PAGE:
This eclectic bunch of songs fits together quite well to form a delightfully varied record. Therefore, where “Around the Sun” and “Accelerate” were mostly painted with just one tone, albeit from rather distinct extremes, “Collapse into Now” feels looser, full of life, and more spontaneous. It makes sense; after all, given the members of R.E.M. were good friends who knew this was their last rodeo, it is to be expected that the album would have a celebratory vibe. And it seems these positive spirits translated themselves into wonderful tracks of varying moods, like “It Happened Today”, a simple acoustic tune that culminates in a pleasantly lengthy joyous wordless vocal singalong featuring Eddie Vedder; the rocking and rather catchy “Mine Smell Like Honey”, which like many tunes of the album has the greatness of its melody augmented by stellar backing vocals from Mike Mills; the beautiful and basic “Walk It Back”, a folk ballad built on nothing but an acoustic guitar and a piano; and, of course, “Überlin”, the best song of the record and an alternative rock track that has the R.E.M. signature all over it, stylishly treading the line between hopeful energy and mid-tempo balladry without fully committing to any format.

“Collapse into Now” is not without its problems. The opener “Discoverer” is loud, epic, and sweeping, but its main shouted hook is not as great as it seems to think it is. Moreover, “All the Best” is a run-of-the-mill rocker that pales in comparison to everything else in the album. Finally, a more prominent issue stems from Stipe’s lyrics, which started to decay in “Around the Sun” and that here, with some frequency, try to aim for his once fantastic cryptic and evocative images only to land as awkward, hence slightly deflating the power of some great instrumental and melodic moments that could have been better. Still, this is by all means a brilliant conclusion to a nearly flawless career. And it works both as a celebration of a rich artistic past and as a fantastic rock album by veterans who proved their songwriting and artistic chops time and time again through a little more than three decades.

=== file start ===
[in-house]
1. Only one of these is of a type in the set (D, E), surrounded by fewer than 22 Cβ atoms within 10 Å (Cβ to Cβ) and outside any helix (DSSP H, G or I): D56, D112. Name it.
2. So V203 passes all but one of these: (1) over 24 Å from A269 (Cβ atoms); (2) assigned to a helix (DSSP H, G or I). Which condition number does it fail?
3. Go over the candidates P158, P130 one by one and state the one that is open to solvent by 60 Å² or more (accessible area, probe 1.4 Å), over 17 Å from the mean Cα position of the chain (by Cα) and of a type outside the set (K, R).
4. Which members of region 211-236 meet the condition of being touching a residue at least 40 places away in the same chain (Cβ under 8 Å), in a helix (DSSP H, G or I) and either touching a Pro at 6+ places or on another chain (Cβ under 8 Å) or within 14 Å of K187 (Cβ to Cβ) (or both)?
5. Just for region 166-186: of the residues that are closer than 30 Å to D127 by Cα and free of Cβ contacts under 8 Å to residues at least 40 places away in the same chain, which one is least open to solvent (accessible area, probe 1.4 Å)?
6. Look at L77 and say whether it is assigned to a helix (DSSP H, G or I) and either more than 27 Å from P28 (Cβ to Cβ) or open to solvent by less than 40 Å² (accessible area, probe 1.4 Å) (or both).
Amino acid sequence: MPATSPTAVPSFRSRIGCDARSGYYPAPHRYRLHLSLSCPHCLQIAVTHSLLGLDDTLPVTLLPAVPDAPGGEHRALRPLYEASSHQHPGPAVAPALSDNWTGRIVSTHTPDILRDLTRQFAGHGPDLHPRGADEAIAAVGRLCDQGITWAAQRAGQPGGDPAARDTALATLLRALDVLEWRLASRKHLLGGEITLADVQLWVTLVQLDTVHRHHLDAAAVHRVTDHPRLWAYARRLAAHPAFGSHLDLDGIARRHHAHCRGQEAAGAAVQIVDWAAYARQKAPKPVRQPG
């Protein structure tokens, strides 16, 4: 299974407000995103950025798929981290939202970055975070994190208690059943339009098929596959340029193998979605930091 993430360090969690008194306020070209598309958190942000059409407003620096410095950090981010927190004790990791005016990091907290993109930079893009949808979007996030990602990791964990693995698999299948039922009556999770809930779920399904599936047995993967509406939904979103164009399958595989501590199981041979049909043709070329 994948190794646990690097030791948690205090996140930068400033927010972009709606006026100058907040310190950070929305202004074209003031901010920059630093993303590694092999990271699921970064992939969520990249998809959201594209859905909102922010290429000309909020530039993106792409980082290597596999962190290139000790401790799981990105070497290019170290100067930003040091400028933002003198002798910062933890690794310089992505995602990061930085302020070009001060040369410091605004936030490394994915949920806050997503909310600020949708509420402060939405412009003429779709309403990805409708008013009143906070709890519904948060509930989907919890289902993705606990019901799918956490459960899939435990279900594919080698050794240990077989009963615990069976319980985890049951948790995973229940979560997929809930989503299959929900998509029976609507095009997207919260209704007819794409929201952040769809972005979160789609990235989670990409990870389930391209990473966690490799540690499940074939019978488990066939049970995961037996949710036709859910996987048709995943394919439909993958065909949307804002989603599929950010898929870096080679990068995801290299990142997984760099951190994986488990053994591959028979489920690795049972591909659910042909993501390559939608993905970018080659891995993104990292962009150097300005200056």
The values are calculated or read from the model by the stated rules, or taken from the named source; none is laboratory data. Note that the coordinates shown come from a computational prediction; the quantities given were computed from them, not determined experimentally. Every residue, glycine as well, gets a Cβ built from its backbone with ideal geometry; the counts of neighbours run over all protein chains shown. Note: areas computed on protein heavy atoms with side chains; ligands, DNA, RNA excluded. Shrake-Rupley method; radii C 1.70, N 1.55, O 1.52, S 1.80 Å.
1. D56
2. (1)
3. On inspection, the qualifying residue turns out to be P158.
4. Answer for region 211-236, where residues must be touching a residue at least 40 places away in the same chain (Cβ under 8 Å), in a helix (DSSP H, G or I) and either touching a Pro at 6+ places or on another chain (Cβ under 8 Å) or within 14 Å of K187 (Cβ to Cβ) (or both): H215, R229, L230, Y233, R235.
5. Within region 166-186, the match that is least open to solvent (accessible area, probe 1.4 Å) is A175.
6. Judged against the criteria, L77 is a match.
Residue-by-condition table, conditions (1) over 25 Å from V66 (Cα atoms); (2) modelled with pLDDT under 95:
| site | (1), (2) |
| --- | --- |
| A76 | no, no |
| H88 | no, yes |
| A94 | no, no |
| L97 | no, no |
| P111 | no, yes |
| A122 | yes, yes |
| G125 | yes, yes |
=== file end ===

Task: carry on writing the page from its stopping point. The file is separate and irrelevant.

Endless Arcade


Album: Endless Arcade

Artist: Teenage Fanclub

Released: April 30th, 2021

Highlights: Home, Everything Is Falling Apart, The Sun Won’t Shine On Me, Back In The Day

Out of the numerous often subjective sub-genres that rock music has spawned over the years, absolutely none are as hard to grasp as alternative rock. Originally used as a very general net to encompass all artists that worked away from the mainstream market, that label has been employed to qualify all sorts of bands: hard rocking grunge acts like Nirvana, post punk children like R.E.M., avant-garde noisemakers like Sonic Youth, and even softer groups like Coldplay, which are one among many that earned the tag long after alternative rock had stopped being a synonym for underground music. Beginning their career in 1989, therefore prior to the moment when the lines between what is alternative and what is mainstream were blurred, Teenage Fanclub are yet another act that proves how colorful – and undefined – that category is.